Anna: I would like to ask your opinion about the usefulness of trust funds as support instruments. At the Global Refugee Forum 2023, the decision was taken to establish a new global sponsorship fund to assist refugees. There are several other running funds and programmes aimed at assisting refugees, like, for example, the UNHCR Emergency Response Fund, the World Bank’s Global Concessional Financing Facility, the International Rescue Committee programmes, the Refugee Education Trust, and several European Union trust funds. Are you familiar with any of these funds? Do you think this mechanism effectively addresses the needs of refugees?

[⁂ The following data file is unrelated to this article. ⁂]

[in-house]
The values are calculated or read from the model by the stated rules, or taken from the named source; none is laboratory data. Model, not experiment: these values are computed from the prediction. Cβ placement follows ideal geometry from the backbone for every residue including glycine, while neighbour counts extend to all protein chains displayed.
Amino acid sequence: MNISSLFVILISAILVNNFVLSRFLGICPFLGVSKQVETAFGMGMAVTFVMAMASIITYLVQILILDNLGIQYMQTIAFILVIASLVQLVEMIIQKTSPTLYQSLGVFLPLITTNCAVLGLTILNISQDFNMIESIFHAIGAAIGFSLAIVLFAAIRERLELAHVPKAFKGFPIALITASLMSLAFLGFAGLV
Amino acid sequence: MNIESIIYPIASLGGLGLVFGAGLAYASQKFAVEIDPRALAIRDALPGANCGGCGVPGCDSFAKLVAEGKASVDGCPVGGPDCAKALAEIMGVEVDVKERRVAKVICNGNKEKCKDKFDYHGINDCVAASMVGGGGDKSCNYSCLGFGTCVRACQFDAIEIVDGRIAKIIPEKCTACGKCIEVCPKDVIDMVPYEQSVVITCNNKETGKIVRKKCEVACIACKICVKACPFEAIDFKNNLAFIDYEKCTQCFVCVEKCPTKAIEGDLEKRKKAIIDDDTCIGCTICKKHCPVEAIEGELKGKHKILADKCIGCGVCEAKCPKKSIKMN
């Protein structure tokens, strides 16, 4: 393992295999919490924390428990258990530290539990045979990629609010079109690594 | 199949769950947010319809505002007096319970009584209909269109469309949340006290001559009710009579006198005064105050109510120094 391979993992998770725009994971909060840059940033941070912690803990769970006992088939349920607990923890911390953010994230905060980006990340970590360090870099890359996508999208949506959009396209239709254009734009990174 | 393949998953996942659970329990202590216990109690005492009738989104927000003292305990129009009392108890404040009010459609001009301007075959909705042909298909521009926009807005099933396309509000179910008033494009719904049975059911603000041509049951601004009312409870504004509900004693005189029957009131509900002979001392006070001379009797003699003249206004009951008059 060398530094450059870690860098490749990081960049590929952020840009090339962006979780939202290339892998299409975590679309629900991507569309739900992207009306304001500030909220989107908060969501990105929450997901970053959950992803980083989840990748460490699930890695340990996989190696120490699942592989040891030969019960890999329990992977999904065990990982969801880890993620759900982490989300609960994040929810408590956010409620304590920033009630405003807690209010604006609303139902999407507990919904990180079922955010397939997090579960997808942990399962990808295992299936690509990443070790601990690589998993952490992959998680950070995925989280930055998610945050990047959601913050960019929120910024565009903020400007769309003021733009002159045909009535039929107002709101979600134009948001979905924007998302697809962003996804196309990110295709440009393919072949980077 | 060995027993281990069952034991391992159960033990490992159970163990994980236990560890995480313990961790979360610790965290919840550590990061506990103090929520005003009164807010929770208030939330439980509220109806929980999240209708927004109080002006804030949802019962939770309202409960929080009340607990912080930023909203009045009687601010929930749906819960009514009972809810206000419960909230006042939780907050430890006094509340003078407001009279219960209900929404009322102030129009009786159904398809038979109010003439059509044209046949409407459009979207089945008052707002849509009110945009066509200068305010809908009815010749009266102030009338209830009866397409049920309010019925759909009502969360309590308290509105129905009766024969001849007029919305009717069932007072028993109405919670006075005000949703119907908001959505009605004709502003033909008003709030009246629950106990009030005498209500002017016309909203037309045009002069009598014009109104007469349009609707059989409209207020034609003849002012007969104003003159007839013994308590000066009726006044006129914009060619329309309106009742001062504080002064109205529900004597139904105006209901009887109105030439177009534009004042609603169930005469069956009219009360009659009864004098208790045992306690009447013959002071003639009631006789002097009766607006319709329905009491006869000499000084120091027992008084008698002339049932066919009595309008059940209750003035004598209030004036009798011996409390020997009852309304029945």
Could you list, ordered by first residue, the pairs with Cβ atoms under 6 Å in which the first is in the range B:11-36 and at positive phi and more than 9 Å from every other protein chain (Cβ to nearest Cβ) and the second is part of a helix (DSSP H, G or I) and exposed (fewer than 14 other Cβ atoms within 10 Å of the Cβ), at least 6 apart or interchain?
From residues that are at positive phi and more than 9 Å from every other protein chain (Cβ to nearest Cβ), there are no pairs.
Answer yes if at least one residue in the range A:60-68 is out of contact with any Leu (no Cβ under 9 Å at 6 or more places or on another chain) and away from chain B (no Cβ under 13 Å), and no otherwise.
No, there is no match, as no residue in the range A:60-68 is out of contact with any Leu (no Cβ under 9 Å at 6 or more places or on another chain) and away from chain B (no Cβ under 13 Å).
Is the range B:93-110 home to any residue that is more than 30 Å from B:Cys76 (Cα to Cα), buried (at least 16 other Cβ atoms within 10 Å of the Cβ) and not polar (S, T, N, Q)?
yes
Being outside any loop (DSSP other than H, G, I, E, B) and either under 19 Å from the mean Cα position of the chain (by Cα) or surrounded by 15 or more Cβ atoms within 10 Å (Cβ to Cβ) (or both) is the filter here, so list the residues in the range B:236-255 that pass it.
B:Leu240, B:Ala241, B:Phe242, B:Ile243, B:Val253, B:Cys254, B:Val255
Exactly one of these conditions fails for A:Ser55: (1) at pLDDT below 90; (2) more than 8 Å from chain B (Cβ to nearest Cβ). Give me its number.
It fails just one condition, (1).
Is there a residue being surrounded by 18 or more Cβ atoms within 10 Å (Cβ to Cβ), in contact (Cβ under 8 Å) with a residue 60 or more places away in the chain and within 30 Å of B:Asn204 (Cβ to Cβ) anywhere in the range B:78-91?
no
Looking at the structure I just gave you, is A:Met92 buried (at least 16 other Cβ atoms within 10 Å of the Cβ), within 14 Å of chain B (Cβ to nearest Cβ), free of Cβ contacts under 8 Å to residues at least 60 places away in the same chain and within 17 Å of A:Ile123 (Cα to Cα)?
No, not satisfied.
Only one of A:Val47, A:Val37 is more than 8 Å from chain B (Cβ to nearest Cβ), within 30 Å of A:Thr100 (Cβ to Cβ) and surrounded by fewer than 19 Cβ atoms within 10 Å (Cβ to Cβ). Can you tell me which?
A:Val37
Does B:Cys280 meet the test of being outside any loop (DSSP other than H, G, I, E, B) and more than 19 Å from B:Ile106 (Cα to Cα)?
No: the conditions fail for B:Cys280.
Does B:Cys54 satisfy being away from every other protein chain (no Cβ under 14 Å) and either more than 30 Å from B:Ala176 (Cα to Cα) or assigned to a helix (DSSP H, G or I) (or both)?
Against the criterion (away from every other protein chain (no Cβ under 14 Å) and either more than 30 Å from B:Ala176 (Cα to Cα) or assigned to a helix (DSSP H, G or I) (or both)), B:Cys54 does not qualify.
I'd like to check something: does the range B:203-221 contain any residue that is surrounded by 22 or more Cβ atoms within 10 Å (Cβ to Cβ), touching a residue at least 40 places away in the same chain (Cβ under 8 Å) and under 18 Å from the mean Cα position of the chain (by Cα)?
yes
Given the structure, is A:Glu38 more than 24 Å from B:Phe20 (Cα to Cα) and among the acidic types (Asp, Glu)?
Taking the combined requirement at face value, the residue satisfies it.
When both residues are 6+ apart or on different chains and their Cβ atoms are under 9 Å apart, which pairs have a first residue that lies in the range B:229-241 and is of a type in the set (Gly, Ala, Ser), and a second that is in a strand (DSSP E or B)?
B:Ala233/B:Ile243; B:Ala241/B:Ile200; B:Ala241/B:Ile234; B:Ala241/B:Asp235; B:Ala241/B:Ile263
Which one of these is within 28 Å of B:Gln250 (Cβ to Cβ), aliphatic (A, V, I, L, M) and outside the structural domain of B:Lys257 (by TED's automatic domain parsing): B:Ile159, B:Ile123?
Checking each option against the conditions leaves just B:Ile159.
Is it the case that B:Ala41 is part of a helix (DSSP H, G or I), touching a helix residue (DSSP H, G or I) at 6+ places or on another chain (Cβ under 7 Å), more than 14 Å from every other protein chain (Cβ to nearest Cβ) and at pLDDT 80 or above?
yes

Peter: I’m not familiar with all the details of the trust funds you have mentioned, but I believe I know enough to see the advantages of such funds. In the humanitarian context, I have often seen trust funds adding flexibility for upfront financing. They are one of the instruments definitely improving humanitarian assistance. However, I would caution against viewing trust funds as a panacea for solving the humanitarian problems of refugees. It’s not so much about whether you source activities from a fund or another instrument, but rather what you do with the money and what kind of support you encourage and advocate for. Thus, funds are technical instruments that can accelerate humanitarian assistance and are, therefore, a welcome improvement to the humanitarian response.